November Linkfest: Week in Preview

Yesterday, we reviewed the week that was. Today, we look at the week that will be.

Stocks and futures markets are open Monday — but since its Veterans’ Day, banks and bond markets are closed. Pending Home Sales Index is released later in the day.

We get a few inflation stats this week: Producer Price Index is due Wednesday, and October’s Consumer Price Index
will follow on Thursday. As you may know, except for all the items going up in price, there’s hardly any inflation at all.

Profitgraph

October’s retail sales report is due Wednesday, and this week, we also hear from many of the retailers on their Q3 profits. Based on what we have seen so far — weak back-to-school raised fears of a dreary Christmas, while what little strength we saw was mostly Food Inflation expectations are muted.

The WSJ asked what department stores had to worry about, "Aside from a swooning housing market, soaring energy prices, a credit crisis and fresh concerns about jobs, [and] one of the balmiest Falls on record." Aside from that Mrs. Lincoln, how was the play?

Reporting in the coming weeks are Macy’s (M), J.C. Penney (JCP), Kohl’s (KOH) Sears Holdings (SHLD), Nordstrom (JWN), Wal-Mart Stores (WMT) and Target (TGT).  Also reporting this week are home Improvement stores Home Depot (HD) and Lowe’s (LOW).

Plenty of Fed chatter in store this week: On Wednesday, Fed Chairman Ben Bernanke speaks about "Monetary Arrangements in the 21st Century." The rest of the elves are pretty busy this week: Fed Governor Randall Kroszner Tuesday, Dallas Fed President Richard Fisher Wednesday, Thursday is Chicago Fed President Charles Evans and Kansas City Fed President Thomas Hoenig. Atlanta Fed President Dennis Lockhart on Friday.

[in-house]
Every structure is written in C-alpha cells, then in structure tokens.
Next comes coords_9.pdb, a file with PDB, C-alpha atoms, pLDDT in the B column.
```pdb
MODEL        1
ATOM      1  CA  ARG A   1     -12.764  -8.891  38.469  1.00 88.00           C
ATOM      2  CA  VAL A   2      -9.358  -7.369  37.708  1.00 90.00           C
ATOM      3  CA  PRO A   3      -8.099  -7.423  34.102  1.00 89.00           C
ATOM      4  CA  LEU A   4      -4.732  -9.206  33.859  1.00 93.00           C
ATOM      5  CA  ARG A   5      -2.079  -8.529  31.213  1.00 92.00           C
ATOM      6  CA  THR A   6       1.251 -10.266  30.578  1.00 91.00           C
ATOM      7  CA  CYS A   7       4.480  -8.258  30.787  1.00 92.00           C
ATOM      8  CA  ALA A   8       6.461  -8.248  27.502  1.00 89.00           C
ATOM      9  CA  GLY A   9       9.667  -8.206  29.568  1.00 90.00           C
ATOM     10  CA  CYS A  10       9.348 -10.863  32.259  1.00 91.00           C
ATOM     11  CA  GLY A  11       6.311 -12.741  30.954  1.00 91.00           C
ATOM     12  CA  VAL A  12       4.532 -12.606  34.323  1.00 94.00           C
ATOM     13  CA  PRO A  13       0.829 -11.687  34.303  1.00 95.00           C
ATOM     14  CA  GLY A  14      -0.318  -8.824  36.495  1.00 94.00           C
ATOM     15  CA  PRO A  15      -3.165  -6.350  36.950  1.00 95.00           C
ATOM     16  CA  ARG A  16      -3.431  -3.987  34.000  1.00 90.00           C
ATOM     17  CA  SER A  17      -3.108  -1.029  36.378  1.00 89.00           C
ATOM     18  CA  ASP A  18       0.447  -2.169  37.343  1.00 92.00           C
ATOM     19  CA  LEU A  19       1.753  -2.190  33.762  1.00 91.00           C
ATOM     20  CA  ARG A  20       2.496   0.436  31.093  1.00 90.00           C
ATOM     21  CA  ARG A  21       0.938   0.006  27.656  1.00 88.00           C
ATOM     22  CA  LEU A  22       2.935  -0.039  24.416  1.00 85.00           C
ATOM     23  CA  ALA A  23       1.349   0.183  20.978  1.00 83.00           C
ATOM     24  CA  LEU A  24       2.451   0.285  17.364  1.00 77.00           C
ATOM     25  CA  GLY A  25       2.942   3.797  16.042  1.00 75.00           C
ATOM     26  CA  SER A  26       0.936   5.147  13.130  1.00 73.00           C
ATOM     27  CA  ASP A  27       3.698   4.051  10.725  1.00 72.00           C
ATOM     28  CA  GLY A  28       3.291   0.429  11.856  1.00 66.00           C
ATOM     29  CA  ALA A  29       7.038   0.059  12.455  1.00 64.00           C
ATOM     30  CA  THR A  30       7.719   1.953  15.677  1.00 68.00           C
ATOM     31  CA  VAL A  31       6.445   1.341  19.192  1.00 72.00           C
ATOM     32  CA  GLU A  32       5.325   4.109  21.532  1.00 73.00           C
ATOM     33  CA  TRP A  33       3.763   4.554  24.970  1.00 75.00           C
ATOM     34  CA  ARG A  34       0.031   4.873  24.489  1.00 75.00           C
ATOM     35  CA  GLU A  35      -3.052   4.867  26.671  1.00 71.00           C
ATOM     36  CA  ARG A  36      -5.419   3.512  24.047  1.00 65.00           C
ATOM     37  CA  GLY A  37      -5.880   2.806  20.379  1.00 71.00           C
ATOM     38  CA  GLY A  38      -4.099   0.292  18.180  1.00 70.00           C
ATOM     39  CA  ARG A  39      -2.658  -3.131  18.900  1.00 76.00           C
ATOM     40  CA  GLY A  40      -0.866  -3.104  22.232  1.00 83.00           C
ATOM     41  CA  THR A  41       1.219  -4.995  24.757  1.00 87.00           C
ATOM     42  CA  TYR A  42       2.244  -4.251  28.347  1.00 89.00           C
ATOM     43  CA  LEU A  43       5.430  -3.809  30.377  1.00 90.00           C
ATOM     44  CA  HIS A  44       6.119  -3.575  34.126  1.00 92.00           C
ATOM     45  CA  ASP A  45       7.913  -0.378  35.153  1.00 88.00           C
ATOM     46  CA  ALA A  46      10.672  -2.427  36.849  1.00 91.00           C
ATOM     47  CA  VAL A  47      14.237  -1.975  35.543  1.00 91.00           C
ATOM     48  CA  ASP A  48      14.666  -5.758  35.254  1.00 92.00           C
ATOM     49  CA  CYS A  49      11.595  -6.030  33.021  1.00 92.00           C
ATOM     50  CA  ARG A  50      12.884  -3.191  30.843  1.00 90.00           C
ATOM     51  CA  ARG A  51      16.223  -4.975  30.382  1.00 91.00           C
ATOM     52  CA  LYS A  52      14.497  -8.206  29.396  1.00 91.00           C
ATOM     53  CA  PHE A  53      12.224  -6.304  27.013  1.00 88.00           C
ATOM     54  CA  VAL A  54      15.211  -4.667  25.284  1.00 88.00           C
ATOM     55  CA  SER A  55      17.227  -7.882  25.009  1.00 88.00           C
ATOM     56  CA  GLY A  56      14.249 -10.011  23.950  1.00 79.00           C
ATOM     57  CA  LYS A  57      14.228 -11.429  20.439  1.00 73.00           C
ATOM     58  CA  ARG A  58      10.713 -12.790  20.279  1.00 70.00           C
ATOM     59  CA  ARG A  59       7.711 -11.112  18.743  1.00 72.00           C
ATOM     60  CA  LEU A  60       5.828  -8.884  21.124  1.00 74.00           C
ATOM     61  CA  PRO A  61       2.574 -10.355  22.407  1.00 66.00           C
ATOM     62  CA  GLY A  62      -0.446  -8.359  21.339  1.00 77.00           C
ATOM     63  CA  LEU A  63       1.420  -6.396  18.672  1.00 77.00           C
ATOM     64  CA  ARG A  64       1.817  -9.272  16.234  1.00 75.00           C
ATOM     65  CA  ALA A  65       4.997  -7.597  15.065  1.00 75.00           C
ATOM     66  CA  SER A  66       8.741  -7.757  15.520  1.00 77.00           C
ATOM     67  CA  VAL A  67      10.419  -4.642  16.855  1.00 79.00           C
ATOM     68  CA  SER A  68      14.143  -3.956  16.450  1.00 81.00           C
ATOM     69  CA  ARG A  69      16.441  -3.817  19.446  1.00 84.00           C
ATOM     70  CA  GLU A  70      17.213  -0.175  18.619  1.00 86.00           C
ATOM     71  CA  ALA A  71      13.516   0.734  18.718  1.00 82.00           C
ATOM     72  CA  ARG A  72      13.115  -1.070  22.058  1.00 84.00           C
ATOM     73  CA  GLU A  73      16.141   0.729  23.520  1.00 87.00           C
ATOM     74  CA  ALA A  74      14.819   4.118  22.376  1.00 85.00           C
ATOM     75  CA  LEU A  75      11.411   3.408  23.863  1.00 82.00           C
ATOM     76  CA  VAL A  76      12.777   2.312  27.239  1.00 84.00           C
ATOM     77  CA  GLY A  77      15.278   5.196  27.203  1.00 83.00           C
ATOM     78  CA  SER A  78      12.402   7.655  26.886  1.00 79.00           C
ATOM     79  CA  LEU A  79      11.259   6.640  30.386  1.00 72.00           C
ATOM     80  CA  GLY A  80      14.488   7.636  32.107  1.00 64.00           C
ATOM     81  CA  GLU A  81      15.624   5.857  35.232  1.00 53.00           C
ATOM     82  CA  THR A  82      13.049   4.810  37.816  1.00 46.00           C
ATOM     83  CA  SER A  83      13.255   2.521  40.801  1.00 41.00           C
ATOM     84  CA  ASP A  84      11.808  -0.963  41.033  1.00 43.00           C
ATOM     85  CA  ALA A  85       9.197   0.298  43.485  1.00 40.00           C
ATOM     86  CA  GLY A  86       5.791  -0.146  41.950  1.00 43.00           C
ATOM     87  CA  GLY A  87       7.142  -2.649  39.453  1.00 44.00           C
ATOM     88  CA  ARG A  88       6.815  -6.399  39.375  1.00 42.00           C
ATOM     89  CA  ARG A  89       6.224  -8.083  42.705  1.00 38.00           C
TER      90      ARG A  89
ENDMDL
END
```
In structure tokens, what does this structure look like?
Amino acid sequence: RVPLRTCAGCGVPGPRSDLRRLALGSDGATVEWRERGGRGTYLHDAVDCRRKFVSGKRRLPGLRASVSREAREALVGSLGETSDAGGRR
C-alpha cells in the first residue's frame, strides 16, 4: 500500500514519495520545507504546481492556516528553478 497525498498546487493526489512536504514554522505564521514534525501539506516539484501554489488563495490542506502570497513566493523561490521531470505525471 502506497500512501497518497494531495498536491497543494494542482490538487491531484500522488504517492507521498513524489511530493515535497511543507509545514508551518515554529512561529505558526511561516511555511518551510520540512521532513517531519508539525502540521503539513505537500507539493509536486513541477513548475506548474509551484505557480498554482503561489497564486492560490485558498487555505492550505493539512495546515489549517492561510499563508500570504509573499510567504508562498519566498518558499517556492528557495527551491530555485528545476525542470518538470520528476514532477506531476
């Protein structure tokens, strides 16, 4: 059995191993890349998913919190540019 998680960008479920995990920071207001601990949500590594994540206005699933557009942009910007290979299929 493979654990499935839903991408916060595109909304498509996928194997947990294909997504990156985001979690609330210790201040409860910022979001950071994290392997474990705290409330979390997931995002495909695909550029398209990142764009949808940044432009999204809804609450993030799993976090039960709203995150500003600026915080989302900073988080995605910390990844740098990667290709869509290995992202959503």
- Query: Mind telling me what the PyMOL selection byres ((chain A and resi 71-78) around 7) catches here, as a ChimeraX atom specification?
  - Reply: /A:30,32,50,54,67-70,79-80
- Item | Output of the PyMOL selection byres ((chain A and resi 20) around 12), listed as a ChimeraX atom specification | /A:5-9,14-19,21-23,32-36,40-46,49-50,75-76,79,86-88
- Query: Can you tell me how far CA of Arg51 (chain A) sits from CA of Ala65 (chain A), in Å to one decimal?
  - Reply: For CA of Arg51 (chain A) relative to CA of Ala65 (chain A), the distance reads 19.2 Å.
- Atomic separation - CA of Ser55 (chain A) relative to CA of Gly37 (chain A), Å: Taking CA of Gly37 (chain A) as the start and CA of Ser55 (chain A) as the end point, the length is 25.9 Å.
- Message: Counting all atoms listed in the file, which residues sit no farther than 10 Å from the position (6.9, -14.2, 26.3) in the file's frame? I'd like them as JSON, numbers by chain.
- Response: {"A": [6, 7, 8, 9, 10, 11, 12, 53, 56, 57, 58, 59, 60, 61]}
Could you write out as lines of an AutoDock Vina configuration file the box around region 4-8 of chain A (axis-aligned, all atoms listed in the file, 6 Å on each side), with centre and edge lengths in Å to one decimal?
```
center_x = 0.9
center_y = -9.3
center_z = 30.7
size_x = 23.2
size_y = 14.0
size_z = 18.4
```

Regardless, there’s plenty of interesting thing to digest this week. Loosen up your mousing wrist, its time to get clickin’:

INVESTING & TRADING

Is the Market Finally Waking Up?  is this a sign that the economy is in real trouble, as some investors believe? Or is this simply a knee-jerk reaction to the continuing trouble in the credit markets?    (New York Times)

• Be sure to vote in our pool: When Does GM Get Kicked Out of the DJIA?   

Make money in 2008: The outlook:
Given the pervasive gloom in the face of the housing slump and sudden
sharp drops in stock prices earlier this year, you might have figured
it was just a matter of time before the economy would collapse faster
than the Colorado Rockies in the World Series. The litany of depressing
news has only seemed to get worse since then: surging oil prices,
mortgage defaults, investment banks writing off subprime loans, the
dollar skidding to new lows – pass the Prozac.  Well, we’ve got two
words for you: Cheer up. If you delve behind the headlines, you’ll find
that despite all of these challenges, the economy has actually held up
pretty well this year. And key indicators suggest that next year should